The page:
updated 7/6/2004 6:48:30 PM ET 2004-07-06T22:48:30

Arab countries, including Libya, are contributing to a legal defense fund for toppled Iraqi dictator Saddam Hussein, a French attorney said Tuesday.

Emmanuel Ludot, one of 21 members of the legal team established to defend Saddam against charges of invasion, mass killings and suppressing revolt, said “diverse aid and diverse gifts” already had been donated.

He refused to specify how much money had been collected so far or reveal its origins, except to say some Arab countries have contributed and the eldest daughter of Libyan leader Moammar Gadhafi, another member of the legal team, has offered some financing.

Aicha Moammar Gadhafi “wanted to provide her logistic and financial aid,” Ludot said. “It’s Libyan money. It’s welcome.”

Monies that Saddam allegedly holds in overseas accounts also could be used in the defense, he said.

Lawyers' money called ‘completely clean’
“Our job is to have this money freed up ... so that we can face all the expenses,” Ludot said. “I don’t despair that we can find someone in the United States to try to negotiate this.”

He added that the money in the lawyers’ fund was “obviously completely clean.”

The attorney said it was not possible to become “Don Quixotes of justice,” working for nothing and assuming expenses individually, especially considering how long the trial might take.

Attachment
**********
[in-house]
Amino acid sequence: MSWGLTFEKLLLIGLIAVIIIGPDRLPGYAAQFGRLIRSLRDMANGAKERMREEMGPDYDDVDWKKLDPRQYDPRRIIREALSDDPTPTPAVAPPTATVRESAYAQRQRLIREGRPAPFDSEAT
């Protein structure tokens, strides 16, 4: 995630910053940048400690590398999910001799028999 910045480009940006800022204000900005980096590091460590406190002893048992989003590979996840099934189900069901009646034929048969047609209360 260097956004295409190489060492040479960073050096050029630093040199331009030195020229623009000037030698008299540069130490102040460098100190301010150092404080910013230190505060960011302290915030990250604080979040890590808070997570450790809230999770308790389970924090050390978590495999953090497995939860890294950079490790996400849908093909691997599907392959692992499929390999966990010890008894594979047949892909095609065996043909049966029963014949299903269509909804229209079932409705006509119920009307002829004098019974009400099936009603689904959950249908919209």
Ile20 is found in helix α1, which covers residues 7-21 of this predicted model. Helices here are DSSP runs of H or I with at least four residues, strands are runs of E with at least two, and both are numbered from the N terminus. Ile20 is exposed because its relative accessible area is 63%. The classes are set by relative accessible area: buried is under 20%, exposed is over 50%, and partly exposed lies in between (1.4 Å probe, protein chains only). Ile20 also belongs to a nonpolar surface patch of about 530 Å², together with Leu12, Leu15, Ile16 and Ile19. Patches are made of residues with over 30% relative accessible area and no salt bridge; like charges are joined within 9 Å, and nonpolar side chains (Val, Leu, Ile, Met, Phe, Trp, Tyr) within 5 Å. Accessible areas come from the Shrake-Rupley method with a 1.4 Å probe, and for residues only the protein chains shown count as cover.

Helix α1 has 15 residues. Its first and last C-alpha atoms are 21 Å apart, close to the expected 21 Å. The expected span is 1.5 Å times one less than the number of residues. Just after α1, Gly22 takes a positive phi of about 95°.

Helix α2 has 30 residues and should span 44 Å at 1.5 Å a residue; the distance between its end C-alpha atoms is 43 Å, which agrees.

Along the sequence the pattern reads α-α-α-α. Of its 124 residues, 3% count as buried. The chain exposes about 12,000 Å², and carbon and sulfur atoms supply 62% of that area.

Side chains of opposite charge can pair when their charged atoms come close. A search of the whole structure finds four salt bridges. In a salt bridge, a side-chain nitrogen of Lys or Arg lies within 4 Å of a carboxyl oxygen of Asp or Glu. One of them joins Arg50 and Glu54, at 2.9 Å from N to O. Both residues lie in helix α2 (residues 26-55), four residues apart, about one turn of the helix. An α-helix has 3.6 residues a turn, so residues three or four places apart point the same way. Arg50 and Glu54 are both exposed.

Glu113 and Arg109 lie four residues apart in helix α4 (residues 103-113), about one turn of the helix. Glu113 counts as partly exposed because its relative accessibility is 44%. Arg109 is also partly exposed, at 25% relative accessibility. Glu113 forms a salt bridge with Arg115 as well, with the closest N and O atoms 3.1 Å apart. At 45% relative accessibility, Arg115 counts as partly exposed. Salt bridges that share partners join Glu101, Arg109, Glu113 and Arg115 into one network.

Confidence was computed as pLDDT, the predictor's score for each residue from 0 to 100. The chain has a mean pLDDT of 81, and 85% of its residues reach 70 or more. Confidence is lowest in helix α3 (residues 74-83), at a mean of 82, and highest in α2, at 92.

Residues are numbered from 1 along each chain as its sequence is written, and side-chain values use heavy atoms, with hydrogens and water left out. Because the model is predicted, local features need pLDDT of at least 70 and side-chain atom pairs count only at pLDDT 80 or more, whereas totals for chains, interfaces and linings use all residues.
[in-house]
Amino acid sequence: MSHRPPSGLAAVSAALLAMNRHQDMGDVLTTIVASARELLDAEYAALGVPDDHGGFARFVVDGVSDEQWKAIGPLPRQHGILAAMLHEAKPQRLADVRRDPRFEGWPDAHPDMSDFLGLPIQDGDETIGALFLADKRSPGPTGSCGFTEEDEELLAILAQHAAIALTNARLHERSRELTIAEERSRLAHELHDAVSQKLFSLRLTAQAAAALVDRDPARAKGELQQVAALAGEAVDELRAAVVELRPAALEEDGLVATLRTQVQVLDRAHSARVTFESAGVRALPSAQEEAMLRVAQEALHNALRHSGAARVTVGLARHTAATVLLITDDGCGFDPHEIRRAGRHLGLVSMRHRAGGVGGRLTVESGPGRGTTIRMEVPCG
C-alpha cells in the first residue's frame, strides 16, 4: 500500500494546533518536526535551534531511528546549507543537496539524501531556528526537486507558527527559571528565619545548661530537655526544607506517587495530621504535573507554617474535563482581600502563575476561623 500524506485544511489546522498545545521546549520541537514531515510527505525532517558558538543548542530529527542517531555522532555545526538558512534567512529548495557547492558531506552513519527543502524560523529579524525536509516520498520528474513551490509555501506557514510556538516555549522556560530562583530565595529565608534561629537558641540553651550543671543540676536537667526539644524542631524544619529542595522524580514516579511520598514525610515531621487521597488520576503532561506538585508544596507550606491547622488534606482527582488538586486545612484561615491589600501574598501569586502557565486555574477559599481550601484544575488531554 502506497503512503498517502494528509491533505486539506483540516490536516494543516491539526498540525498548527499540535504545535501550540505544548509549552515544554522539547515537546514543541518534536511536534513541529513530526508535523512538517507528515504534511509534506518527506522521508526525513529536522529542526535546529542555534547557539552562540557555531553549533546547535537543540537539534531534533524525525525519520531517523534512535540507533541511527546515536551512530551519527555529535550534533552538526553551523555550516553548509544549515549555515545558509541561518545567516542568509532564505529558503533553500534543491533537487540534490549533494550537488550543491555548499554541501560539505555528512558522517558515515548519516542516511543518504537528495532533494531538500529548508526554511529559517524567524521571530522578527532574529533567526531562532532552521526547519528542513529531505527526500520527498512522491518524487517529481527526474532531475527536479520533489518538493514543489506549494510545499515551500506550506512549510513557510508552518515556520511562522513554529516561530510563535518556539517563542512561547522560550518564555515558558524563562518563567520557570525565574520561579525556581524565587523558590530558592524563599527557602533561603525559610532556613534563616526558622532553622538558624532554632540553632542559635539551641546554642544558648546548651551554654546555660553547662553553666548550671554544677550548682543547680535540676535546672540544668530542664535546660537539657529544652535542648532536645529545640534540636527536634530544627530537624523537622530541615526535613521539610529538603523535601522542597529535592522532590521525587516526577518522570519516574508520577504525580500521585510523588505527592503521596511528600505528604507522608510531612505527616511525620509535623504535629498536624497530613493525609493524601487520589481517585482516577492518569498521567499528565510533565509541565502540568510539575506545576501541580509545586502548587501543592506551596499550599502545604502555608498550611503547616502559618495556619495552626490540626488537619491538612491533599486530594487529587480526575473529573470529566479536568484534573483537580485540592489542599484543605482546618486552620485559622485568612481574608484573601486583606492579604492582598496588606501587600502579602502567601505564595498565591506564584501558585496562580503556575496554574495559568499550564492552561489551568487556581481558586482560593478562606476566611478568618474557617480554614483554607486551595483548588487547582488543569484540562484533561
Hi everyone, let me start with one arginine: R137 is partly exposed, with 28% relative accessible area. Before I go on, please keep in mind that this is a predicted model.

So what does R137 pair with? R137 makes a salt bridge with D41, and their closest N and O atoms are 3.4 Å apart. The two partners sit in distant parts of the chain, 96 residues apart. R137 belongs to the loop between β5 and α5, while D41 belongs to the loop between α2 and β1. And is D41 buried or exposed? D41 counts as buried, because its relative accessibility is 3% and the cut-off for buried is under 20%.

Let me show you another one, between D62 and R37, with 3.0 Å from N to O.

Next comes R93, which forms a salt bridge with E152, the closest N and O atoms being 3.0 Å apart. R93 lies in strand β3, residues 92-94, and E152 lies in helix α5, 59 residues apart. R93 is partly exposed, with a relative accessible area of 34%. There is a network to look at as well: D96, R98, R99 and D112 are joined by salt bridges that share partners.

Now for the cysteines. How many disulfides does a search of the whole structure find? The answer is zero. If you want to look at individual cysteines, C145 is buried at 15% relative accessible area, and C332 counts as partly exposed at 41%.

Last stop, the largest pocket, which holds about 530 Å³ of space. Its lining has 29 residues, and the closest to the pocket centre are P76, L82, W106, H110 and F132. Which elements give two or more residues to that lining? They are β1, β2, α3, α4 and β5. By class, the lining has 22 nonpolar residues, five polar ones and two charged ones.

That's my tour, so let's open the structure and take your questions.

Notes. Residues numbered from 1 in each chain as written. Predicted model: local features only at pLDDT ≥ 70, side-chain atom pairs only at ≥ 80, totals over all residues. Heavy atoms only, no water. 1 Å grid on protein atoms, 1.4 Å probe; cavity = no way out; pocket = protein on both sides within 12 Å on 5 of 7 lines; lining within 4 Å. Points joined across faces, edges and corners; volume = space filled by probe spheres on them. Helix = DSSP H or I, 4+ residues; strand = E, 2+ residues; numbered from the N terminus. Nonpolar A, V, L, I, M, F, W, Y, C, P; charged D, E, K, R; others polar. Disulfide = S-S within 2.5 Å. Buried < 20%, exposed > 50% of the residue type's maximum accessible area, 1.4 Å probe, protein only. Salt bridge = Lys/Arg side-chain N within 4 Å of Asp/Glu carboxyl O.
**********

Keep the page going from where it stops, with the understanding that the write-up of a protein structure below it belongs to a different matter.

The committee hoped to extend proceedings as much as possible, Ludot said.

“They told us the trial would be long, complicated, that it would take two years. I don’t know,” Ludot said, citing Salem Chalabi, general director of the Iraqi court.

“Our work will be to do things in a way so that this tribunal doesn’t function, so that it is paralyzed for as long as possible.”

Unfair trial predicted
He reiterated earlier denunciations of the judges who will try Saddam and predicted that, as things currently stand, the trial would be unfair.

The lawyers’ committee wants Saddam tried by Iraqi judges as well as judges designated by the United Nations. Ludot cited the U.N.-sponsored war crimes court in Sierra Leone as a model of how Saddam should be tried. The trial of rebel military commanders accused in a 10-year campaign for control of Sierra Leone opened Monday.

The committee is led by Jordanian lawyer Mohammed Rashdan, who said he was hired by Saddam’s wife, Sajida, and two daughters. Ludot said Saddam should choose his own lawyers, but he has been barred from any outside contacts.

Saddam was formally handed over to the interim Iraqi government Thursday, although the U.S. occupying forces are overseeing his detention. The secret detention site is not far from the Baghdad airport, Ludot said without elaborating.

Asked when he believed Saddam’s trial could start, Ludot said, “Not before the American (presidential) elections. ... That’s a certainty.”

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